If you want to create real, high-converting sales funnels, Click Funnels can help you build it from landing page to checkout.
With Click Funnels, you can:
Start your journey with a 14 day free trial, then upgrade to $97 per month or purchase annually and get a discount. If you go with their Platinum plan at $297 per month, you’ll get access to their FunnelFlix training course and video library.
Instapage is another long-term player in page builders and has been around since 2012. Here are the primary benefits you get when you sign up for Instapage:
They’ve been used by top-tier companies such as Verizon, HelloFresh, Vimeo, and Lattice to speed up the creation of marketing assets like landing pages without waiting on a developer.
The biggest downside to Instapage is that the difference between its annual and monthly pricing is huge. If you pay annually, your monthly cost works out to $199/mo. If you pay monthly, it goes up by a whopping 50% to $299/mo.
But this platform is also designed for enterprise-level marketing, and their second-tier plan is available only after a demo and consultation.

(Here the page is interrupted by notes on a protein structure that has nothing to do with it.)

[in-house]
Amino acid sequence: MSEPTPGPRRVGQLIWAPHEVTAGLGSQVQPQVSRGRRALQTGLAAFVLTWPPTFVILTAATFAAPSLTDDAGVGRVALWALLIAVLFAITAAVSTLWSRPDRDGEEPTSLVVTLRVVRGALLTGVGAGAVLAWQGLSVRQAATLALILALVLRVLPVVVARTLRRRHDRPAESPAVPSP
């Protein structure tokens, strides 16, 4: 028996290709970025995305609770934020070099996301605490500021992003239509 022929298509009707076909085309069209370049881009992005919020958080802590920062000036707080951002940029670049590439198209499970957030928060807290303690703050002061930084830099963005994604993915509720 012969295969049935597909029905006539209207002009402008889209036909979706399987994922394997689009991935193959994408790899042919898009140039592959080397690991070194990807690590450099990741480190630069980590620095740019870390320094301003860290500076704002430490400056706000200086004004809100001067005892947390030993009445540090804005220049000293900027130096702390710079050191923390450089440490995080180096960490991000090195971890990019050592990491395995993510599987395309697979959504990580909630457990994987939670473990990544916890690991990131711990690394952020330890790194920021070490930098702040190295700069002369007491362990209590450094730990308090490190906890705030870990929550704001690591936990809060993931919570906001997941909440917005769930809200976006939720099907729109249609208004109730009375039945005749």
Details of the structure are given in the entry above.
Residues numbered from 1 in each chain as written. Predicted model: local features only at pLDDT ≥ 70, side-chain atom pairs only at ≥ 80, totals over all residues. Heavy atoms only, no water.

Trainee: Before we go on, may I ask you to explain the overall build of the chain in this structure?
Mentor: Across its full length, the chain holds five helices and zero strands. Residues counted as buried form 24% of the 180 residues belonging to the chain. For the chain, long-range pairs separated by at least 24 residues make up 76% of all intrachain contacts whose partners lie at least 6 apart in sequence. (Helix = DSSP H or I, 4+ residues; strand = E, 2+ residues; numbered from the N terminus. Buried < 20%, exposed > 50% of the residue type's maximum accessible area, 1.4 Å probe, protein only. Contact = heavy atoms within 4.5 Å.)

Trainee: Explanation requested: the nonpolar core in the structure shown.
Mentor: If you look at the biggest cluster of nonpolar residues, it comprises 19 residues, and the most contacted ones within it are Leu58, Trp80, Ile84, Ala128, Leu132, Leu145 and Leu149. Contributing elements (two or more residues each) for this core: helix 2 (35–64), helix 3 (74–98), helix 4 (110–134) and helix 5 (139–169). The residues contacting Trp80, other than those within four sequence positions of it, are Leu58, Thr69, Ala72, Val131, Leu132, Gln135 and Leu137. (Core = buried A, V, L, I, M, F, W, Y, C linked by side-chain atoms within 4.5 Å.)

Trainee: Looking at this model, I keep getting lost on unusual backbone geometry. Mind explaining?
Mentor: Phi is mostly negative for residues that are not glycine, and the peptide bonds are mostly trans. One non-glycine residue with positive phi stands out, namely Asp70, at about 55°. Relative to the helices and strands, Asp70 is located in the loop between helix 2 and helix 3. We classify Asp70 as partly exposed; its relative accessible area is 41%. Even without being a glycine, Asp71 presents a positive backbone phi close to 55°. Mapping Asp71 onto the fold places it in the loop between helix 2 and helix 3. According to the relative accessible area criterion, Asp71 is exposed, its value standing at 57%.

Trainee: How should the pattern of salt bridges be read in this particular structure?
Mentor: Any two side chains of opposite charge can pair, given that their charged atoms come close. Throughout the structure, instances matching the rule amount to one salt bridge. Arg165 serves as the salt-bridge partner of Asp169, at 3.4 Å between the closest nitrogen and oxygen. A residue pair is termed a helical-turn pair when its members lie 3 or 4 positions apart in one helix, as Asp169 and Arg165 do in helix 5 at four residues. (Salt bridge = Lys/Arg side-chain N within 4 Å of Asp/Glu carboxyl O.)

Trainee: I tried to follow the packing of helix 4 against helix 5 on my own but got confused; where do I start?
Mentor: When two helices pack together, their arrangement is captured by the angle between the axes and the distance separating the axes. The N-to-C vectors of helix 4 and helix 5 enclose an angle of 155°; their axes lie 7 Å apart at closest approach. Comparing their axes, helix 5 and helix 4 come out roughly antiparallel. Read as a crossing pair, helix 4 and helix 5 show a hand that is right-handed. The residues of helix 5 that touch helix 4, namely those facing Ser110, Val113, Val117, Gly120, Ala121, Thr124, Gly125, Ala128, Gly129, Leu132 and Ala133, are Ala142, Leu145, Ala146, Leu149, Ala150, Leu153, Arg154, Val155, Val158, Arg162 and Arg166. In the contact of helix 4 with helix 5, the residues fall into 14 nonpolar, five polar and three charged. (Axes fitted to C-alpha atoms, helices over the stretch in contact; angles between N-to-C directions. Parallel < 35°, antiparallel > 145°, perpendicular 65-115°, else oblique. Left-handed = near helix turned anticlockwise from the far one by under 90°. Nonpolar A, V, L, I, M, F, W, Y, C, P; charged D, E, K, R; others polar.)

Of the companies on this list, Hubspot is the oldest, having been founded in 2006.
It’s not just a landing page builder, though. When you sign up with Hubspot at $50/mo, you’ll get the following:
Like Instapage, Hubspot is designed to be very scalable and their pricing reflects that. At $3,200/mo for their Enterprise level plan, they make it clear that you can go from beginner to expert using their platform.
Visual Composer is one of the best drag-and-drop page builders for Wordpress. It was originally released in 2011 and was the first Wordpress editor to be usable from the site's frontend.
A subscription includes the following:
You can purchase Visual Composer as a subscription at $49 a year for one website or you can purchase a lifetime license for $149 that includes two years of support. The only drawback here is that there is no option for a monthly subscription.
If you’re using Wordpress for your website, this is the best solution for building landing pages directly on it.
We’ve come a long way the last 20 years from creating landing pages with HTML and Dreamweaver. Drag and drop interfaces are more intuitive and useful than they’ve ever been and you can use them to create marketing masterpieces capable of generating hundreds, thousands, or hundreds of thousands of dollars in revenue.
Write 10x faster, engage your audience, & never struggle with the blank page again.